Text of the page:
Romania was the last country in the EU to decriminalize homosexuality in 2001 and it only did so at the pressure of EU accession. Furthermore, Romania’s 2009 Civil Code prohibited same-sex marriage, and Romania is ranked among the most homophobic countries in the EU. Defining marriage as between a man and a woman in the constitutional text was meant to prevent the legalization of same-sex marriage and ensure that any future claims for LGBTQ+ equality would not be successful. Given the serious level of homophobia in Romania, it was an easy guess that, if put to a referendum, the majority of Romanians would support the traditional family.
The referendum’s failure was not caused by Romanians’ support for equal rights, but by other factors. There was the antipathy towards the ruling Social Democratic Party that tried to use this referendum to derail people’s attention from its attempts to weaken the country’s anti-corruption framework. Related to this, there was the lack of trust in the Government that organized the referendum and in the state institutions more broadly. More precisely, as bizarre as it might sound, many people did not go to vote due to the way the question was formulated on the ballot paper. In accordance to the relevant legal provisions, the people were asked whether they “agree with the law for reviewing the Romanian Constitution in the form adopted by the Parliament.” Since the question did not specifically refer to the definition of family in the Constitution, many saw answering such a question like signing a blank check and allowing the Parliament to do any changes it wants. Another factor was the fact that the referendum was seen as anti-EU (given that the main advances on LGBT rights in Romania were made under EU pressure). To these one can add the desire for a strict separation between religion and politics, the fact that many perceived the referendum as being useless and expensive or the fact that Romanians did not think that the traditional family was in any danger (considering that the Civil Code already banned same-sex marriage and there haven’t been any attempts to legalize same-sex marriage in Romania). Thus, the Romanian case shows how easy it is for the result of a referendum to depend on other considerations than the question under debate. If we are to take human rights seriously, then their protection should not be left to chance, but should be decided based on serious debates and careful consideration of the arguments on all sides, for which courts especially, but also legislatures, are better placed.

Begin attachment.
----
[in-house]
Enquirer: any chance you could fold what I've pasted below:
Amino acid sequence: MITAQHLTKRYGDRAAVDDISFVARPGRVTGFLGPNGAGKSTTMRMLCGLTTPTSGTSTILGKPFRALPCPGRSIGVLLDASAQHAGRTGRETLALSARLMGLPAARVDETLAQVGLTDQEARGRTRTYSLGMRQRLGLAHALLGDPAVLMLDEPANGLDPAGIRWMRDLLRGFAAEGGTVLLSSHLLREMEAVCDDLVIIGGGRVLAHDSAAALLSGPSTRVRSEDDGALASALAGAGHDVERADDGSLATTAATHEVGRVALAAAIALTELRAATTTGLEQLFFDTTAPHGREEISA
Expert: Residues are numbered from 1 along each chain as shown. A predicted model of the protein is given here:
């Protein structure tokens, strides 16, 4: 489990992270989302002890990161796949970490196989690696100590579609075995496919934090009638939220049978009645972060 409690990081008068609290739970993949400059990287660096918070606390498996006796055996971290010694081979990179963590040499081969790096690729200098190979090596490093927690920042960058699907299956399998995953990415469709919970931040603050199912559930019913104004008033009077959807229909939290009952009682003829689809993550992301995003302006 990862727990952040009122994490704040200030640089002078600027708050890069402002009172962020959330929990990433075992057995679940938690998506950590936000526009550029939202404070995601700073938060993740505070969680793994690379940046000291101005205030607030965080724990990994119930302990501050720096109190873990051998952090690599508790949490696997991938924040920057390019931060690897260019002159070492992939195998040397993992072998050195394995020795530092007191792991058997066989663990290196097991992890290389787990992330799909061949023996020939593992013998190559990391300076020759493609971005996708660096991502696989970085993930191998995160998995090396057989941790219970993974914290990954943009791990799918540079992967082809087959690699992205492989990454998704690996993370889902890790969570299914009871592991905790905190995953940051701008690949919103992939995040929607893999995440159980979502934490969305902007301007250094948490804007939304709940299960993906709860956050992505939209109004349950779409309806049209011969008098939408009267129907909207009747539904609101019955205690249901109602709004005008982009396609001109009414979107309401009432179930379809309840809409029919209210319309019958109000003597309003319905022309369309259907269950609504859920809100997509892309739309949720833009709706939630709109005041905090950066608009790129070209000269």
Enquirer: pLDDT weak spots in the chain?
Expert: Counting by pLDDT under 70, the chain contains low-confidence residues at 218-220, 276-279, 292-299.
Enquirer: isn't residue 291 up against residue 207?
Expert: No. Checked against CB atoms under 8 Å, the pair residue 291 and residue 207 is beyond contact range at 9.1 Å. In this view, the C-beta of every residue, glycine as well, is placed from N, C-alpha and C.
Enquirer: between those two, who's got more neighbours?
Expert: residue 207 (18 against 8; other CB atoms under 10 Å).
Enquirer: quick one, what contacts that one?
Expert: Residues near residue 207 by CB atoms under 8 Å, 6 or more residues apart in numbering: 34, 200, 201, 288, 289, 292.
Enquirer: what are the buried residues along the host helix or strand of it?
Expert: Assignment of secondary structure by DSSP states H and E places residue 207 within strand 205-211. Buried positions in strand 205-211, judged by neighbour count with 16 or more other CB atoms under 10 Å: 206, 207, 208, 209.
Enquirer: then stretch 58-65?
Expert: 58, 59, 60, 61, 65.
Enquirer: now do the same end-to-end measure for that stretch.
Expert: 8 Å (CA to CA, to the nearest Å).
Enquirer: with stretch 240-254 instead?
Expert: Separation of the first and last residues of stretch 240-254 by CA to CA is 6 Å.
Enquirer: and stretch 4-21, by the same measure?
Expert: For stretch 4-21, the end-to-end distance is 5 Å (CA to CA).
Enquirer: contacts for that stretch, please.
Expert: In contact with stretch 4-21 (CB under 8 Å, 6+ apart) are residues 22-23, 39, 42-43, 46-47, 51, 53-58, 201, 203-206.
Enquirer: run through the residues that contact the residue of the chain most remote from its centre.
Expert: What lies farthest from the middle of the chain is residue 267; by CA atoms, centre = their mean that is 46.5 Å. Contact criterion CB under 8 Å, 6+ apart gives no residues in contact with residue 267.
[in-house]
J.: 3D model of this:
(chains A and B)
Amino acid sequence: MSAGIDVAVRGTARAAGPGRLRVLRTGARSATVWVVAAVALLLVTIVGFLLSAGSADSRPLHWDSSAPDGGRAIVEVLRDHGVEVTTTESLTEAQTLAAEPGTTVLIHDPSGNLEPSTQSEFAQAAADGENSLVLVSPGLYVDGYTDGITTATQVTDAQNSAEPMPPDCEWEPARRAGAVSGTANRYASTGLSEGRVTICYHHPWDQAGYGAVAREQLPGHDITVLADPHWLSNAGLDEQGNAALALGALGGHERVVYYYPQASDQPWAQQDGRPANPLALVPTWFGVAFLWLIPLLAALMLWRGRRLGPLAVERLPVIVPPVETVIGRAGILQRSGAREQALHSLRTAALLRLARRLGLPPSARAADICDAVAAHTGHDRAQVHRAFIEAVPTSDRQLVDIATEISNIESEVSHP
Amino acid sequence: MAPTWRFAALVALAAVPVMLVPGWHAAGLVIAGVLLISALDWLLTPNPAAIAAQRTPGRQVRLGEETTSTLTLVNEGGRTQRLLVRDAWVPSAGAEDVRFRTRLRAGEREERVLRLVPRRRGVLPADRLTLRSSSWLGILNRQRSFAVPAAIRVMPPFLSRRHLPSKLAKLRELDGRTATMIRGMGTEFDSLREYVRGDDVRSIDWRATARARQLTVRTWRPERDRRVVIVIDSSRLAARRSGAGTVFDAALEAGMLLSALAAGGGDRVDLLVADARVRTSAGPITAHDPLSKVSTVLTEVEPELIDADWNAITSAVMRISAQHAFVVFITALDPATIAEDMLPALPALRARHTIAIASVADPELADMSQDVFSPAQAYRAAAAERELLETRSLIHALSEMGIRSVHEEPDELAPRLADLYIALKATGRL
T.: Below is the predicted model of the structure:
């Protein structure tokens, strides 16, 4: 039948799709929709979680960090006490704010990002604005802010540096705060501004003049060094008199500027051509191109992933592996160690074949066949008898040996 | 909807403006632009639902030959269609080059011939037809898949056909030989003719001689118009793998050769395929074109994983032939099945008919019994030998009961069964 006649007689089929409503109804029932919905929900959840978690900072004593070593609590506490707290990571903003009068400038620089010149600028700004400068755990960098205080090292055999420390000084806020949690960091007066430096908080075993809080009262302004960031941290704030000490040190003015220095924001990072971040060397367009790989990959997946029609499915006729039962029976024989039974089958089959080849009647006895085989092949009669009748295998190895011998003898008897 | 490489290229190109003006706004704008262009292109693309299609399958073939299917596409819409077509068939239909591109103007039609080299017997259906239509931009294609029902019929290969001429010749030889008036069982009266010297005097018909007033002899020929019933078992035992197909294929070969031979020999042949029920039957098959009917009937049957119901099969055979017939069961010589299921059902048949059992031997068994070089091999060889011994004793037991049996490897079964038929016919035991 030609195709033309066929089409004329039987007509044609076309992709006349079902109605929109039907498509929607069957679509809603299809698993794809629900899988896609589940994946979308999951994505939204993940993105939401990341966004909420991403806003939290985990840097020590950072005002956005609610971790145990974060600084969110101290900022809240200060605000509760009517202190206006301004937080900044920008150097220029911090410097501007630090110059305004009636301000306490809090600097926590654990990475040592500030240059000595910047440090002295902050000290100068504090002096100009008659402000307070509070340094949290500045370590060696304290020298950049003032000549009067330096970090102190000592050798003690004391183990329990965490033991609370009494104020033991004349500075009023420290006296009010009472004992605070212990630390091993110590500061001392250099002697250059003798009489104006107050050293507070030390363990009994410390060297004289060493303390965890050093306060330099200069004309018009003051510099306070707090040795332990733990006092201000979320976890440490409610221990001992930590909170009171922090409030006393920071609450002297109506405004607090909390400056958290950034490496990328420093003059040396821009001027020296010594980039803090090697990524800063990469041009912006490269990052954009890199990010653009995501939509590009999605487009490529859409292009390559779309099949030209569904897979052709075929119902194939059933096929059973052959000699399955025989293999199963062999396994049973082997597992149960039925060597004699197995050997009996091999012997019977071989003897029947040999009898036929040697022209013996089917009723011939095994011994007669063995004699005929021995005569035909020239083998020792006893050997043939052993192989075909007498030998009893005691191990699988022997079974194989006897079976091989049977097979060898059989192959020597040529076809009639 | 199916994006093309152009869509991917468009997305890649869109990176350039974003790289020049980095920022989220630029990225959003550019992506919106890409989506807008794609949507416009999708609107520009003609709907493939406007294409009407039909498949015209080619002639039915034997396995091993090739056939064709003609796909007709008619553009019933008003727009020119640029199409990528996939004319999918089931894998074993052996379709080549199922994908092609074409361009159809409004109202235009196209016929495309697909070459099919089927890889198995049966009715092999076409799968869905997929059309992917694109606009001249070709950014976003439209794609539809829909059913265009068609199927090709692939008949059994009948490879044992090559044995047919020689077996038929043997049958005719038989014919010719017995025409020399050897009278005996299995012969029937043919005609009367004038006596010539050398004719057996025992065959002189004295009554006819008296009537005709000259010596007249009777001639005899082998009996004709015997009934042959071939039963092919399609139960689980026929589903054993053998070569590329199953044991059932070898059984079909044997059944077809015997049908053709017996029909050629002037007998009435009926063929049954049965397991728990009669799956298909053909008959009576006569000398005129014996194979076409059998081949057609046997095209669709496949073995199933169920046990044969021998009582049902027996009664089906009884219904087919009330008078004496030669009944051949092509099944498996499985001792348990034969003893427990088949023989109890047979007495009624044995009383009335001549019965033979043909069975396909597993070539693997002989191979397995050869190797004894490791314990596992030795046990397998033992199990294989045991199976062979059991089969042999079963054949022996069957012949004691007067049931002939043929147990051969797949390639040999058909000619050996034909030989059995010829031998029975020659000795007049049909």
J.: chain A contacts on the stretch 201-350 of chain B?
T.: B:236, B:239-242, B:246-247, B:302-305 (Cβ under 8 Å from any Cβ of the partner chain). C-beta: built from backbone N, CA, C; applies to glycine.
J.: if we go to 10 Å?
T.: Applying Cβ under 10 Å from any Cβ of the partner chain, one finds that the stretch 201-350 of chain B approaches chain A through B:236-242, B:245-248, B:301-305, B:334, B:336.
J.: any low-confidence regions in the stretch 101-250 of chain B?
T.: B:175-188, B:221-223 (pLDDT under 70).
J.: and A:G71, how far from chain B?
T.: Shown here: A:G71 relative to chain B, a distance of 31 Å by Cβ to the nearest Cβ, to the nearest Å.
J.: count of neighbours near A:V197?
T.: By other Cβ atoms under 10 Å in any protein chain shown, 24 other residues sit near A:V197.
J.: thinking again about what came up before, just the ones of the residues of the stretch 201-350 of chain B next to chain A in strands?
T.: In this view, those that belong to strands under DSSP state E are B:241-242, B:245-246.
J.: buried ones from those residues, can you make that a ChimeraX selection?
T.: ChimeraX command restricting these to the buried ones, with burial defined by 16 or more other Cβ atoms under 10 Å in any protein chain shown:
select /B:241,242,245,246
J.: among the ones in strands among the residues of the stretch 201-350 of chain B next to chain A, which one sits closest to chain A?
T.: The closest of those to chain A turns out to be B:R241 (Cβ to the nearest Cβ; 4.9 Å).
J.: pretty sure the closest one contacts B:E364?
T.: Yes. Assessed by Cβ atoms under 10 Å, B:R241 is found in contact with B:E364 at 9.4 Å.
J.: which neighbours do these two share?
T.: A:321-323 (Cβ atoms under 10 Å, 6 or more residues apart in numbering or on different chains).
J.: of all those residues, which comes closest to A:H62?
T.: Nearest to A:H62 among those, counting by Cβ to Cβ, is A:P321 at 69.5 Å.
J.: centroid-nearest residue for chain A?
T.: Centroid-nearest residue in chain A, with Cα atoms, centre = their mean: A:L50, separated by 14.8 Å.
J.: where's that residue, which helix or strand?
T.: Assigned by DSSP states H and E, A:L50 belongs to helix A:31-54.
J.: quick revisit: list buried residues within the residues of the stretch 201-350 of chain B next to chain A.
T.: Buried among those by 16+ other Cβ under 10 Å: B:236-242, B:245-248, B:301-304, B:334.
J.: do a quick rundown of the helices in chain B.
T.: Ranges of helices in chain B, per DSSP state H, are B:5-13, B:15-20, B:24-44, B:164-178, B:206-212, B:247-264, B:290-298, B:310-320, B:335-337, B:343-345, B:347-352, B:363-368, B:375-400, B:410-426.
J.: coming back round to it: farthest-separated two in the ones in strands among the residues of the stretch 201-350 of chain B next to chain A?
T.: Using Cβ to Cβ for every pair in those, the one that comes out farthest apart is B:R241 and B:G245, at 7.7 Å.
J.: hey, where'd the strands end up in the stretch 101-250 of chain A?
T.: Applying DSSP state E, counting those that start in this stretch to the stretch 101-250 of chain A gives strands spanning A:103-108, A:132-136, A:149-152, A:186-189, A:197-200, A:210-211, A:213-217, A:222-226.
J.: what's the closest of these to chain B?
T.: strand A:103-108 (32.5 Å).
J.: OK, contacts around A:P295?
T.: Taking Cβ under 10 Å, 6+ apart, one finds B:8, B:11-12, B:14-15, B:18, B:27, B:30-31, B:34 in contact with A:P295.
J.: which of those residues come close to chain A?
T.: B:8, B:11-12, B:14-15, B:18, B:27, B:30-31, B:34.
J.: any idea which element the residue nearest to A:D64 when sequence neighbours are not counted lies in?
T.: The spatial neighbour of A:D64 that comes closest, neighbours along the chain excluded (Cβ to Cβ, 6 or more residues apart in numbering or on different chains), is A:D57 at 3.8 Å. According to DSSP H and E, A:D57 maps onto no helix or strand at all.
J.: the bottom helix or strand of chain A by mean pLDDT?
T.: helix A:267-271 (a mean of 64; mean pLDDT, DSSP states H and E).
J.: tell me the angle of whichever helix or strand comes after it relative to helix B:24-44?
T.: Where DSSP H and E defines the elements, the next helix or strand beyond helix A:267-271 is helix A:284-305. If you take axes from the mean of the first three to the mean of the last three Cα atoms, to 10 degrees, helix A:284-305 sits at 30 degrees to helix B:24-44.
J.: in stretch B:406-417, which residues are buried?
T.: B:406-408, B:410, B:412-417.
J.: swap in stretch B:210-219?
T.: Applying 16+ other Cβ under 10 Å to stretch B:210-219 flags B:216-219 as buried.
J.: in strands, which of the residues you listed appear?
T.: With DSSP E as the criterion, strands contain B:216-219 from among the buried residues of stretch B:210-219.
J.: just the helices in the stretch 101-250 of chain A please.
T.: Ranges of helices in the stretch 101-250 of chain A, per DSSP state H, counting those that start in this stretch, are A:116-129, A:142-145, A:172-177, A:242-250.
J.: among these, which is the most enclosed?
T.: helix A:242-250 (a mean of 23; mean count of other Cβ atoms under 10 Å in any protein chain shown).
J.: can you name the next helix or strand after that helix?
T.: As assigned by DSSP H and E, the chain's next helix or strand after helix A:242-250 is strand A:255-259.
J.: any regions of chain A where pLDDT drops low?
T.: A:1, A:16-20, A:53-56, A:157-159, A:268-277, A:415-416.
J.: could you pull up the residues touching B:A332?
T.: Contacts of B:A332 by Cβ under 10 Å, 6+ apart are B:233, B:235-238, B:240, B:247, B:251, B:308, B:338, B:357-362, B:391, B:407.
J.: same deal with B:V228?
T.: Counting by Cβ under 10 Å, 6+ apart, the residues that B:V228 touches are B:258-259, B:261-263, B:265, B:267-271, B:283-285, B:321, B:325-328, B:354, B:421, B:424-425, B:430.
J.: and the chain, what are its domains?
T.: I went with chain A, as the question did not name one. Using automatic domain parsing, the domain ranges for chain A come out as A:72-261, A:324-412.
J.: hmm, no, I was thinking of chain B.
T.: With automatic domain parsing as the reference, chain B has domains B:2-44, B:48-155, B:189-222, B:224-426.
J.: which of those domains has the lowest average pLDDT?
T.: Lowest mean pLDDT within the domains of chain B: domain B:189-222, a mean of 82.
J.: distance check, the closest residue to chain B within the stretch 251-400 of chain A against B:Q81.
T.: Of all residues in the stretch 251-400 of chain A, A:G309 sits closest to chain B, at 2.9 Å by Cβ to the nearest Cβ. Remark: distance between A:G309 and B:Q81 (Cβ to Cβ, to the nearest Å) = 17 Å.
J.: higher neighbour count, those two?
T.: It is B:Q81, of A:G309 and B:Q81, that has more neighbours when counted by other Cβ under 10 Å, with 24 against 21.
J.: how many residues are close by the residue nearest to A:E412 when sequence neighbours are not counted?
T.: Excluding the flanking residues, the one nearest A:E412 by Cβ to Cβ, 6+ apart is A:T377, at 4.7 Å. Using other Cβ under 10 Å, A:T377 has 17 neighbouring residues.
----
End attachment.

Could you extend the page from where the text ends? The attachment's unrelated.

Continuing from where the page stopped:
Another problem regarding putting issues as sensitive as LGBT rights to a popular vote is that the pre-referendum campaign might fuel serious homophobic behaviors and might hurt citizens with another sexual orientation. For instance, over the campaign for the Romanian referendum, human rights groups have reported an increase in hate speech against LGBTQ+people. Among the factors that might account for such an increase is the fact that the Romanian referendum was supported by ADF International (ADF) and Liberty Council (LC), two American hate speech groups (see here and here). In particular, LC sent an amicus brief to the RCC arguing that “engaging in homosexual conduct is dangerous,” and that same-sex unions harm society “by creating irresponsible and unhealthy people.” LC also brought Kim Davis (the Kentucky clerk who refused to grant marriage licenses to same-sex couples after the US Supreme Court decided the Obergefell case) to Romania to warn locals about the dangers that same-sex marriage poses to their nation, their children, and to the freedom of religion. Her attorney, an American of Romanian origin, also alerted Romanians that legalizing same-sex marriages would bring the country back to Communist times when people like Kim Davis were imprisoned for their conscience (see also here). Such public crusade against LGBT people inevitably has serious effects on their mental health, and general wellbeing.
While there are many arguments on why future referendums similar to the one in Romania should not be organized, a dilemma remains from the Romanian case. Before being put to a referendum, the citizens’ initiative was approved by both the Constitutional Court and the legislature. It is clear that when they decided their position on the initiative, the political parties represented in the Parliament were influenced by people’s attitudes towards the LGBTQ+ community. However, it is not equally clear to what extent the decisions of the RCC were influenced by the broader social animosity towards homosexuality too. And if the RCC was not influenced by the attitudes of the broader public, who should decide on human rights when all national forums (the people, the courts, and the legislature) agree on curtailing their protection? Should this be perhaps delegated to supra-national bodies?
Catharine A. MacKinnon, Gender in Constitutions, in The Oxford Handbook of Comparative Constitutional Law 397, 402 (Michel Rosenfeld & Andras Sajo eds., 2012).